Why Did Chicagoist Cross the Drive?
By Rachelle Bowden in Arts & Entertainment on Dec 9, 2004 4:41PM
During the last few years, this aesthetically-inclined Chicagoist has wondered more than once just what this city, renowned the world over for its architecture, was doing with its bad self. Every new building seemed to be either a ubiquitous 3- or 6-flat with a red brick front, limestone detailing and sterile concrete block sides, or monolithic and uninteresting residential tower. Blah blah bah…
But at last, Chicago’s architectural conscience seems to have shaken the late nineties boring boom, and with recent treasures by architectural heavyweights Frank Gehry and Rem Koolhaas in the hizz-ouse, the city once again seems to be on the fast track to architectural mecca-dom. Can we get a structurally-sound “Hell yeah”?
And the plot thickens, as Chicago considers its next architectural move: five new pedestrian bridges to span Lake Shore Drive at a variety of locations. As is typical with large-scale municipal projects in architecturally hip towns, the city conducted a massive design competition for the projects, which yielded 67 entries from neophytes and stalwarts, including Chicago favorite Helmut Jahn. That pool has recently been narrowed to 13 finalists by the evaluation committee’s tangled web of architects, preservationists, park-peeps and engineers (probably the kind that build bridges, not the kind that wear striped hats and drive trains (unfortunately)), and the contenders will all have to sit pretty and not get their panties in a bind until the winners are announced in January 2005.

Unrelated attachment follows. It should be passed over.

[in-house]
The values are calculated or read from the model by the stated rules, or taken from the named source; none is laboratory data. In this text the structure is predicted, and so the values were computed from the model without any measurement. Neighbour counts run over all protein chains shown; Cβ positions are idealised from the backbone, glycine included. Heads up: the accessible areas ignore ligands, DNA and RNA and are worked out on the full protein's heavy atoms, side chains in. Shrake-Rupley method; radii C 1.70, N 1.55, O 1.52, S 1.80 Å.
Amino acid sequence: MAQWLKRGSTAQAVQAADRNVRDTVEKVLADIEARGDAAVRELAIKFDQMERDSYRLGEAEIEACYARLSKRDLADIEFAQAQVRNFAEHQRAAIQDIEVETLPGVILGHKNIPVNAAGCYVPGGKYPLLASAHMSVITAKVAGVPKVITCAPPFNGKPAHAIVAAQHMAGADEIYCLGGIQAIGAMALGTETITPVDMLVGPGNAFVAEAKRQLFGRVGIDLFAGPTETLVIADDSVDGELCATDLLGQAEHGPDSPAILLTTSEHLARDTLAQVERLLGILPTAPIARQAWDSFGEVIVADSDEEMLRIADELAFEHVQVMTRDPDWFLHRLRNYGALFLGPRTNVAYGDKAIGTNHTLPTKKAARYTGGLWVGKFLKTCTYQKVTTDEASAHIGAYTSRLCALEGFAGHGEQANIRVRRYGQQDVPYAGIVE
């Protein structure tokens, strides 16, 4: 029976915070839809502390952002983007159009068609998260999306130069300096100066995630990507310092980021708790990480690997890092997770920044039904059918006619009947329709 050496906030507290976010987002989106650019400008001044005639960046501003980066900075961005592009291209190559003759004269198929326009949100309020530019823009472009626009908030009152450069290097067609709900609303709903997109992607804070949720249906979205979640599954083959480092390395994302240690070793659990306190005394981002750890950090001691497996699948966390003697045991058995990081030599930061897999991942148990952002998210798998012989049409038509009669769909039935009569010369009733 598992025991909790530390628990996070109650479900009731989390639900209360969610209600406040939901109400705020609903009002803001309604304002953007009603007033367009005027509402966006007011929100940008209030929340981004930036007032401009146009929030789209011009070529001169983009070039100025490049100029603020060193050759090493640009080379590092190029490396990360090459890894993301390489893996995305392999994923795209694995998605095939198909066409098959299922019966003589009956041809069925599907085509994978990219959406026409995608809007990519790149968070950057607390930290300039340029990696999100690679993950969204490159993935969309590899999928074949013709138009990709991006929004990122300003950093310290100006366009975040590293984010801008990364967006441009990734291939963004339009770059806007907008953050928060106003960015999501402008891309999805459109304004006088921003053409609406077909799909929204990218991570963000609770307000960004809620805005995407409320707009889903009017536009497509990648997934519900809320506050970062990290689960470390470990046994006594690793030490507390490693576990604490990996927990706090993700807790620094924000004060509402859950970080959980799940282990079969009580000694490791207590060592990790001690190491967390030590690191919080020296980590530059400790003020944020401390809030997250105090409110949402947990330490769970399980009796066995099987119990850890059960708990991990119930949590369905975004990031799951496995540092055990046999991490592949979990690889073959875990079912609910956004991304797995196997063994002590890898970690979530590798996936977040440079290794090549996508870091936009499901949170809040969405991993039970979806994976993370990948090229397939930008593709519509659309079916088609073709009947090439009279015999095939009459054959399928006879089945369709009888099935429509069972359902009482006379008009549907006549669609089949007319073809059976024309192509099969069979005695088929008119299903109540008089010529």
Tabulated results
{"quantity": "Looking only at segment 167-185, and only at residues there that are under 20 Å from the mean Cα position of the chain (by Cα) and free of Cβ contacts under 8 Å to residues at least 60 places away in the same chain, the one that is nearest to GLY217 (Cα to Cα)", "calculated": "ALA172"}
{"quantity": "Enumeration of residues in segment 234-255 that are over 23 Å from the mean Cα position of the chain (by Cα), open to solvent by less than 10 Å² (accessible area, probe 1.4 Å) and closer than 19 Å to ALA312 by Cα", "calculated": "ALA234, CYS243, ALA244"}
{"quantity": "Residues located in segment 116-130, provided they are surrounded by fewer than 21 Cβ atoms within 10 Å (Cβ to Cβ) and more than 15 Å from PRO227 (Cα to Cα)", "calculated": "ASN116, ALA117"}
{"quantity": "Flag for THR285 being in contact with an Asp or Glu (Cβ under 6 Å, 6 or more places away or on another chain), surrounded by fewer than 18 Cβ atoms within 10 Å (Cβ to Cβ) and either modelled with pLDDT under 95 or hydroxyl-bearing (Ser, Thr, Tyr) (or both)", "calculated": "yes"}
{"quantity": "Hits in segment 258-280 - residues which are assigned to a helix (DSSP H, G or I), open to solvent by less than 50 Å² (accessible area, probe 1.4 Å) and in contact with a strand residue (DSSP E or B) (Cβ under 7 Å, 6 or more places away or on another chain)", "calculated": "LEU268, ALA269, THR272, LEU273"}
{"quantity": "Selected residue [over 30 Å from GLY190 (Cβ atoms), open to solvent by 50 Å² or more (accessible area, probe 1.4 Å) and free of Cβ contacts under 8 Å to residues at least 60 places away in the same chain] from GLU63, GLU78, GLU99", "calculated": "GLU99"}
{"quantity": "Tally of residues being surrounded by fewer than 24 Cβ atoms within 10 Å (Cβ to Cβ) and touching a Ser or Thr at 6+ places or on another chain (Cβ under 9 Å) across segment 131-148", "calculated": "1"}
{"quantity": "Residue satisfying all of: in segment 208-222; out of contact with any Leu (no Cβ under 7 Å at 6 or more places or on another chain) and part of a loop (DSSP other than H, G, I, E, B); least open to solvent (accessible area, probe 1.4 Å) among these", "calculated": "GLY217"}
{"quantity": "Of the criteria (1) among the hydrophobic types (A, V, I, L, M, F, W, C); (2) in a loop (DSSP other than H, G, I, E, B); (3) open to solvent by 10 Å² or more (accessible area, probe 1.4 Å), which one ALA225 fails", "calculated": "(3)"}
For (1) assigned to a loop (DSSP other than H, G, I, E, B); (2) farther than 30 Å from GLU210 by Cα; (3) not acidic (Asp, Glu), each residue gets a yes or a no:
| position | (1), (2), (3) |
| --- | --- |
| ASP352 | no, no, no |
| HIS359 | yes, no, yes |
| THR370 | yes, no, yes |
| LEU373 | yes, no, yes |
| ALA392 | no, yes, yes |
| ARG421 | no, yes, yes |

The new bridges, which are expected to cost between $5 million and $20 million each, will cross LSD on the south lakefront at 35th, 41st and 43rd streets, as well as a spot near the Chicago River that will provide new access to the hella-crowded lakefront bike path. Finally, the beloved and oft-flowery North Avenue Bridge will be replaced, due to its nasty habit of not meeting federal accessibility standards.
Who says this city doesn’t love its residents… shelling out up to $100 million, just so we can get to beach via mo’ stylish means? Thanks, King Daley, sir…